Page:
Parents' night out. The Foster Memorial Adventist Church in Asheville, North Carolina, gives community parents a free night once a month from 7:00 p.m. to 10:00 p.m. The church sends a letter to all the parents with children up to 12 years old. The letter encourages the parents to tell their neighbors about the program. The parents are invited to bring the children and leave them in the church for an exciting program, geared to each age group. This is not a simple baby-sitting program but one that has a spiritual and evangelistic element in it. The program usually takes the following format: worship (15 minutes), dinner, group games and crafts (divided by age). For more information on this type of ministry, contact Summer Ministries, AdventSource, $19.95; 800-328-0525.

Basketball renovations. In Benton Harbor, Michigan, two young adults decided to make some friends in the community by hitting the basketball court. This particular court was located in a park that had been overrun by drug dealers and gangs. The court sparkled in the sunlight from a coating of broken glass. The nets had been torn down months earlier. The young volunteers brought a broom, some duct tape, and a couple of nets. As they began sweeping off the court and assembling the nets, young people started coming out to play. Some friendships were born that day that may last for eternity.

Holy Spirit van. Load up a van with food, drink, blankets, jumper cables, money, your Bible, a rope, flowers, umbrellas, and such items as may be used to aid a stranger. Have your group in the van and take turns praying for the Holy Spirit to lead you where you can be of best help. After prayer, begin driving, keeping your hearts and eyes open for that opportunity to reach out in love and service. The idea was first tried out by Danny Hernandez, chaplain, Forest Lake Academy; 407-862-8411.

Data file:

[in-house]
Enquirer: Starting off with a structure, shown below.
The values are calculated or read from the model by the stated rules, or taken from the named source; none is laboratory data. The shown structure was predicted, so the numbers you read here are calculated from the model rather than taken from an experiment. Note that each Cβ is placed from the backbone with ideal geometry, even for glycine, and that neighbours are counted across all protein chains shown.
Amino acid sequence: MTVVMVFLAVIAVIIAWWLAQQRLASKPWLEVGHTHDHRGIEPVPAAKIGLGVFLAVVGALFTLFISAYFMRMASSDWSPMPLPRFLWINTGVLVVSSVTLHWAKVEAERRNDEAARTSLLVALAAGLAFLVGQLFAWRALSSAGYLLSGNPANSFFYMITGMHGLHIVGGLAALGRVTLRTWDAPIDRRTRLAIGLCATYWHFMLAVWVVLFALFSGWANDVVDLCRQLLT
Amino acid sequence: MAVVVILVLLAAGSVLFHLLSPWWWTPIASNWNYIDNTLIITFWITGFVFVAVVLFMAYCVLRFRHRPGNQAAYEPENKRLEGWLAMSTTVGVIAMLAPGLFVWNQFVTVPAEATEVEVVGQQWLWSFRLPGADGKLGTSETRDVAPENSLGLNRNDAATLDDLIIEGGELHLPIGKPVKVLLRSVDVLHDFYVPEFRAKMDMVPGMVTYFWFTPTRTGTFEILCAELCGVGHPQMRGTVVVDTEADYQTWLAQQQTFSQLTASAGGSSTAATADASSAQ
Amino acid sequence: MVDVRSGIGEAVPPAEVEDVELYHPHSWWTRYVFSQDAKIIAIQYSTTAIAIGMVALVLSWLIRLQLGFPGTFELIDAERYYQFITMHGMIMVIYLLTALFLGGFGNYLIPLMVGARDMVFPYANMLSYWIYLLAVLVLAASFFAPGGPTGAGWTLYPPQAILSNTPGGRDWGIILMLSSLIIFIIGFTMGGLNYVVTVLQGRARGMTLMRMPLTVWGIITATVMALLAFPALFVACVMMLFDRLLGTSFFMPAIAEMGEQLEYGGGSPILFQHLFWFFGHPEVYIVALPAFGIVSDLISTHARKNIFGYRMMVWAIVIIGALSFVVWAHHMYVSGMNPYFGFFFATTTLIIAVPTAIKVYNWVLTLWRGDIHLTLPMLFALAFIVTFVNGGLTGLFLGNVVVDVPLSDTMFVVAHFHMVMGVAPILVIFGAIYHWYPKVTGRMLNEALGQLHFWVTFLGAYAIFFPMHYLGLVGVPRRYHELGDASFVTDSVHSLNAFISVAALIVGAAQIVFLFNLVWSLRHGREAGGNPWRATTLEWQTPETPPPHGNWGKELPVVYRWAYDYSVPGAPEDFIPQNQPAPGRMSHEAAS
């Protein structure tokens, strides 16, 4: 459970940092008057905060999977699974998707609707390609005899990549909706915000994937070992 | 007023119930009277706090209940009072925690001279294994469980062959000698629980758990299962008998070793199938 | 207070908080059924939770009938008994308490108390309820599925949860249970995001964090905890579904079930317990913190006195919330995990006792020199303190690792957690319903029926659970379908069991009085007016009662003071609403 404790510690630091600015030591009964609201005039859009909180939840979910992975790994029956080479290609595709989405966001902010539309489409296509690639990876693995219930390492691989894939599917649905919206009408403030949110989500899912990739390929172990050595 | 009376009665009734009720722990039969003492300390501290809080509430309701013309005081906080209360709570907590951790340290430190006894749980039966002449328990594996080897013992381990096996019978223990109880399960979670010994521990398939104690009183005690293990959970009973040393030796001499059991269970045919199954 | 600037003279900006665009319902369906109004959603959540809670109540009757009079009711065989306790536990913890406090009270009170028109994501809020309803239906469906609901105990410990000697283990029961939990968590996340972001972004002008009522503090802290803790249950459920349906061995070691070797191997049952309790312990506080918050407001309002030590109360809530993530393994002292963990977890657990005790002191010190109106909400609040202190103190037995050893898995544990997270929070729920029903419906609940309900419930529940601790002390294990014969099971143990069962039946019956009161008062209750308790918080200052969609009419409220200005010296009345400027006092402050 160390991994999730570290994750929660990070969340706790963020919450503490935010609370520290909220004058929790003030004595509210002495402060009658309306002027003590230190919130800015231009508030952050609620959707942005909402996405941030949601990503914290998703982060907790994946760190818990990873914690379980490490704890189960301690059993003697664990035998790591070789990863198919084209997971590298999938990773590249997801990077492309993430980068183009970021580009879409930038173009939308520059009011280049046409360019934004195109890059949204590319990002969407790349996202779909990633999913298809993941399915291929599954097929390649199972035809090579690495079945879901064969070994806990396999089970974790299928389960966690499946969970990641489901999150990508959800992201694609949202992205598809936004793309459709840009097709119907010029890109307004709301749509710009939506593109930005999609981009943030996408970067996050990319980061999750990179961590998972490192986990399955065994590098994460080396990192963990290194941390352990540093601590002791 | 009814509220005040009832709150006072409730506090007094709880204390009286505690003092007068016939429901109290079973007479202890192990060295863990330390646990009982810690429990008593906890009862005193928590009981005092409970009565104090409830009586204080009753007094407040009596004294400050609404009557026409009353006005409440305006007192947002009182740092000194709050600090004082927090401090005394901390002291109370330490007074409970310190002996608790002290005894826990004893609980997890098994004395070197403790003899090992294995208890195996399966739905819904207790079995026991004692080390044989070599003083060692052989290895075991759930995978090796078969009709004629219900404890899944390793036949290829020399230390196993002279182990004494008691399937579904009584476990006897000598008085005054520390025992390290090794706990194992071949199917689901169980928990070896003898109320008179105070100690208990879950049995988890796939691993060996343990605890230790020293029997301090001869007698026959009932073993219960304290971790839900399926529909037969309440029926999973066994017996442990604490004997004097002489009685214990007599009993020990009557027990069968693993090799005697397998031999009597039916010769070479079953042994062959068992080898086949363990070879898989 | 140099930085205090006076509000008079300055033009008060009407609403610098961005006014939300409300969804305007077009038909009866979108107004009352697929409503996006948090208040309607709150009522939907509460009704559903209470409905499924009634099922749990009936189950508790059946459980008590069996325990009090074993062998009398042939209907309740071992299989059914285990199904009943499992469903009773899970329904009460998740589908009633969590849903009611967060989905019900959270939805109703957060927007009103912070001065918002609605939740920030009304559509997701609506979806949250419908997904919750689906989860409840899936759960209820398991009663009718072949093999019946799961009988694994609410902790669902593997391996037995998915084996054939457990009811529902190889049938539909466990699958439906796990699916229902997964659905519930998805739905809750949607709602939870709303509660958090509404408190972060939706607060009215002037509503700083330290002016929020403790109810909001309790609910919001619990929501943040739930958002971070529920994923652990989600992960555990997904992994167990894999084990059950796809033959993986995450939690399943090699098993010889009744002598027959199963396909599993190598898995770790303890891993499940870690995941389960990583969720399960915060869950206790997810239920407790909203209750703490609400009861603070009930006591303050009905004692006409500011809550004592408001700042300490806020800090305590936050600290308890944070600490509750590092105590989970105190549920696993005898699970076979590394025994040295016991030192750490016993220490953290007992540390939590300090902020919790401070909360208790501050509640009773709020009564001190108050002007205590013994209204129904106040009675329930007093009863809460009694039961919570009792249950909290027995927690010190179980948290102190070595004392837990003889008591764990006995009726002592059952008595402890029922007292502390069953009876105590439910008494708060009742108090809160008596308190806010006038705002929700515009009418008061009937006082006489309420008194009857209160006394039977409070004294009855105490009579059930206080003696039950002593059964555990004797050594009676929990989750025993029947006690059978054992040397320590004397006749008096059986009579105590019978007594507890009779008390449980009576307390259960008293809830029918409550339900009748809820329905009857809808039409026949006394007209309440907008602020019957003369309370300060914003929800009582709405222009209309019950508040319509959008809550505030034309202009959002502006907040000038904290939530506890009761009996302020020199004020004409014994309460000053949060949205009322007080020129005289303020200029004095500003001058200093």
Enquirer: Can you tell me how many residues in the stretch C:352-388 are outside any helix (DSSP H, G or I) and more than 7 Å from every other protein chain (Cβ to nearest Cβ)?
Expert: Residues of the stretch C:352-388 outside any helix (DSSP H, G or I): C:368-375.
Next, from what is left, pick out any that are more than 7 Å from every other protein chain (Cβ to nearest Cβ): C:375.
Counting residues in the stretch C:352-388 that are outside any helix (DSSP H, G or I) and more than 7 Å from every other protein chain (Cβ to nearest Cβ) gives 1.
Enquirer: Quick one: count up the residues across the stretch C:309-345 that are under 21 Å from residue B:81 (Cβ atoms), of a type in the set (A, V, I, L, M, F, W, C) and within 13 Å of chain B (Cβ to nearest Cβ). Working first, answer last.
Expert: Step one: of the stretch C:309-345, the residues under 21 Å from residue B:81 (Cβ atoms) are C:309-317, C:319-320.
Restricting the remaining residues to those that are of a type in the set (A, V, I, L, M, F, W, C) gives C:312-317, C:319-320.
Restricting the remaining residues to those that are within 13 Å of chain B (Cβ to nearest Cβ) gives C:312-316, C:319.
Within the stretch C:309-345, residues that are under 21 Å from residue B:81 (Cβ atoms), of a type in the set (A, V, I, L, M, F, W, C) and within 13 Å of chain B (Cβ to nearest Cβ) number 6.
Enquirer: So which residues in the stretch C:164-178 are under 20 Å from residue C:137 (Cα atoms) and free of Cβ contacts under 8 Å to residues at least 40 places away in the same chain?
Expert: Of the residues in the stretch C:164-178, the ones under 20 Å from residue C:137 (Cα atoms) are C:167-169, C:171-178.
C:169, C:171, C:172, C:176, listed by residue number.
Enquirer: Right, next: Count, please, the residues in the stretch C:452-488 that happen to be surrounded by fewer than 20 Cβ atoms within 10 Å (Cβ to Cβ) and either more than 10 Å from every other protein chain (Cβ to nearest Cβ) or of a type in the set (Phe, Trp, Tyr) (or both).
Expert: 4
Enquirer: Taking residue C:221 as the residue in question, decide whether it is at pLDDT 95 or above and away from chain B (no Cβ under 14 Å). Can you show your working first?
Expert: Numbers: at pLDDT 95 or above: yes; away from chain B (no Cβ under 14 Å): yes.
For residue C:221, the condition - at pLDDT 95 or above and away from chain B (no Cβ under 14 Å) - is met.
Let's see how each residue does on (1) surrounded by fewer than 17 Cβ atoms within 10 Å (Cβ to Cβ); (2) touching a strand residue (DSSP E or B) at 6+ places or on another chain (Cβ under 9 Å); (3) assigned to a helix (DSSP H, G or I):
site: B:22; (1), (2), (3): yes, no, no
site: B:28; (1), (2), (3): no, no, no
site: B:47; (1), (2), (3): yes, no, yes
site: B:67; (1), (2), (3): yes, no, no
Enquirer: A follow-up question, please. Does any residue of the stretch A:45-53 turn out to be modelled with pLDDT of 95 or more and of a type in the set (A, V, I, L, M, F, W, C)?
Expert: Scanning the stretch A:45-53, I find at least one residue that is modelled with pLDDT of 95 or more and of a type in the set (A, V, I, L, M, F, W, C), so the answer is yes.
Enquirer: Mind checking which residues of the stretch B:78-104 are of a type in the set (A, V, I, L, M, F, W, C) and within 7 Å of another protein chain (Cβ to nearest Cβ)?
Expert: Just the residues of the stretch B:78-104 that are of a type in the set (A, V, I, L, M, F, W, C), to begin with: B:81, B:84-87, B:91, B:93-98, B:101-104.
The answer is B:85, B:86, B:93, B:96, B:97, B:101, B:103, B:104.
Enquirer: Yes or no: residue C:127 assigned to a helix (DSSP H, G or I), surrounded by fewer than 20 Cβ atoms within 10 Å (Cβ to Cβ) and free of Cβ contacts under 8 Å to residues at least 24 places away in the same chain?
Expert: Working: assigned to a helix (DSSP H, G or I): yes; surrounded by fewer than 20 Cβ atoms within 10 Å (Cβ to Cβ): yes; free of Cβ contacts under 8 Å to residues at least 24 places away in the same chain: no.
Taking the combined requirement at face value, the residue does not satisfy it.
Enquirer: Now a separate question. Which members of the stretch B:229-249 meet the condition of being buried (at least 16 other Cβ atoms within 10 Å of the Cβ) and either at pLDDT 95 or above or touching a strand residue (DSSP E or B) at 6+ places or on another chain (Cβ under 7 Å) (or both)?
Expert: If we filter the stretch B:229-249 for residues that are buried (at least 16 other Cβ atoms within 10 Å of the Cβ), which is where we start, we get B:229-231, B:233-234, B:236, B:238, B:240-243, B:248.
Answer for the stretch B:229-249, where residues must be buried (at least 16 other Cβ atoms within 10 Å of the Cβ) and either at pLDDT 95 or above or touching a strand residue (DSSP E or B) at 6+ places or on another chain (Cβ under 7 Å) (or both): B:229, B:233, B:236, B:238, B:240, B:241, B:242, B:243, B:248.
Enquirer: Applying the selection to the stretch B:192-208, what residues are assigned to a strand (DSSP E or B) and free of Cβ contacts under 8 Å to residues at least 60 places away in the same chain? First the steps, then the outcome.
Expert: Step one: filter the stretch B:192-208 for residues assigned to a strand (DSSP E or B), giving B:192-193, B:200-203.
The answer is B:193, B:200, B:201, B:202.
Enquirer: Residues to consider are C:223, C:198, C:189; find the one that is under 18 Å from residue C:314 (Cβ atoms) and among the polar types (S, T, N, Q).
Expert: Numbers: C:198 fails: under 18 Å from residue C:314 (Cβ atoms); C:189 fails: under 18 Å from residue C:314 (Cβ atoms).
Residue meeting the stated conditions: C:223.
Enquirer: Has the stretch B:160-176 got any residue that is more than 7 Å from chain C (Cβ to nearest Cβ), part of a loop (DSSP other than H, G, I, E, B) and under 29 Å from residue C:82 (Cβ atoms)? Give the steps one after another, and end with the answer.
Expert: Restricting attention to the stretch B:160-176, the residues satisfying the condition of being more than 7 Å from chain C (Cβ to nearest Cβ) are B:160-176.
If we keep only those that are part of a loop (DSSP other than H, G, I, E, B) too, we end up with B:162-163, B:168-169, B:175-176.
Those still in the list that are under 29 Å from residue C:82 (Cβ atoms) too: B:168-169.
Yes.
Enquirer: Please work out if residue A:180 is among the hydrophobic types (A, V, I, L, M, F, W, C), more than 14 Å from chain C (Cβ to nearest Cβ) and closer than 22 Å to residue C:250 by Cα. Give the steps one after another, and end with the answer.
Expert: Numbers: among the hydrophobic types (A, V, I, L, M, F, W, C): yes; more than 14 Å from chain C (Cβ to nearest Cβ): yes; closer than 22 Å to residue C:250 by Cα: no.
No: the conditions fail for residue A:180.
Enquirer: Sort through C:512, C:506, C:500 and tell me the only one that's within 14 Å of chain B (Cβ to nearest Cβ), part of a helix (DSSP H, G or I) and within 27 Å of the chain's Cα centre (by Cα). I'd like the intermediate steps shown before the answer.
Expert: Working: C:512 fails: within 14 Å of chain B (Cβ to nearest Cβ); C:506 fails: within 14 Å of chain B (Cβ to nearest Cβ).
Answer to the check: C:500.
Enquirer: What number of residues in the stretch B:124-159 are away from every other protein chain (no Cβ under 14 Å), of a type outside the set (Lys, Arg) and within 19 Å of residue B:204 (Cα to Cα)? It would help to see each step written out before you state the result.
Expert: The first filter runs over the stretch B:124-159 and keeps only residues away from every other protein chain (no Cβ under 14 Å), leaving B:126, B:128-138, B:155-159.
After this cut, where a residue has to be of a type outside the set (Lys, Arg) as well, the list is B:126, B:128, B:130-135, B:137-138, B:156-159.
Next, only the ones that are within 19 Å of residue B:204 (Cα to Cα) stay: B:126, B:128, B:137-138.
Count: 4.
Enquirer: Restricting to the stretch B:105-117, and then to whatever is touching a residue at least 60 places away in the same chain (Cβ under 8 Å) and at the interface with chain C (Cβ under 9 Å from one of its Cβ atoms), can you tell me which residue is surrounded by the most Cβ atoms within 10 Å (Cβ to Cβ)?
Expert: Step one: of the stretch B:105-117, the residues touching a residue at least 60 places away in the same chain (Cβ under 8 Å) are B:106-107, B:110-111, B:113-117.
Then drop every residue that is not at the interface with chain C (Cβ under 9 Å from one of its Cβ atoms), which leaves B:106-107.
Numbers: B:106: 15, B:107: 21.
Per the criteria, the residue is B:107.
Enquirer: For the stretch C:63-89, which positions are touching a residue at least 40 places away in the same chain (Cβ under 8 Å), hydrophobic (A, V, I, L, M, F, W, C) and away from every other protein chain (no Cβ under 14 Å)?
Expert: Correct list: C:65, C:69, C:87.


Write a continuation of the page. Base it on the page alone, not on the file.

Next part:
Service projects. Develop local humanitarian and service projects. Young people admire community organizations that "walk the walk" locally. Being involved in Habitat for Humanity, local homeless shelters, and other community service action opportunities in your region will be a natural arena in which you get to know prebelieving Xers as you work hand in hand with them. To learn more about developing your own service projects or to become involved in mission trips, contact Fred Cornforth, director of Service Station (an Adventist support ministry) at 800-617- 2498 or [email protected].

Ministry to single parents. Understand the needs of single parents in your community and develop ministries to address those needs. Auto servicing ministry, affordable child care, parenting seminars, cooking for baby classes these are all examples of how you can provide support for a whole cohort of Xers and Boomers. To learn more about developing needs-based outreach to your community, contact the Adventist Center for Creative Ministry, 800-272-4664 or Adventist PlusLine 800-SDA-PLUS.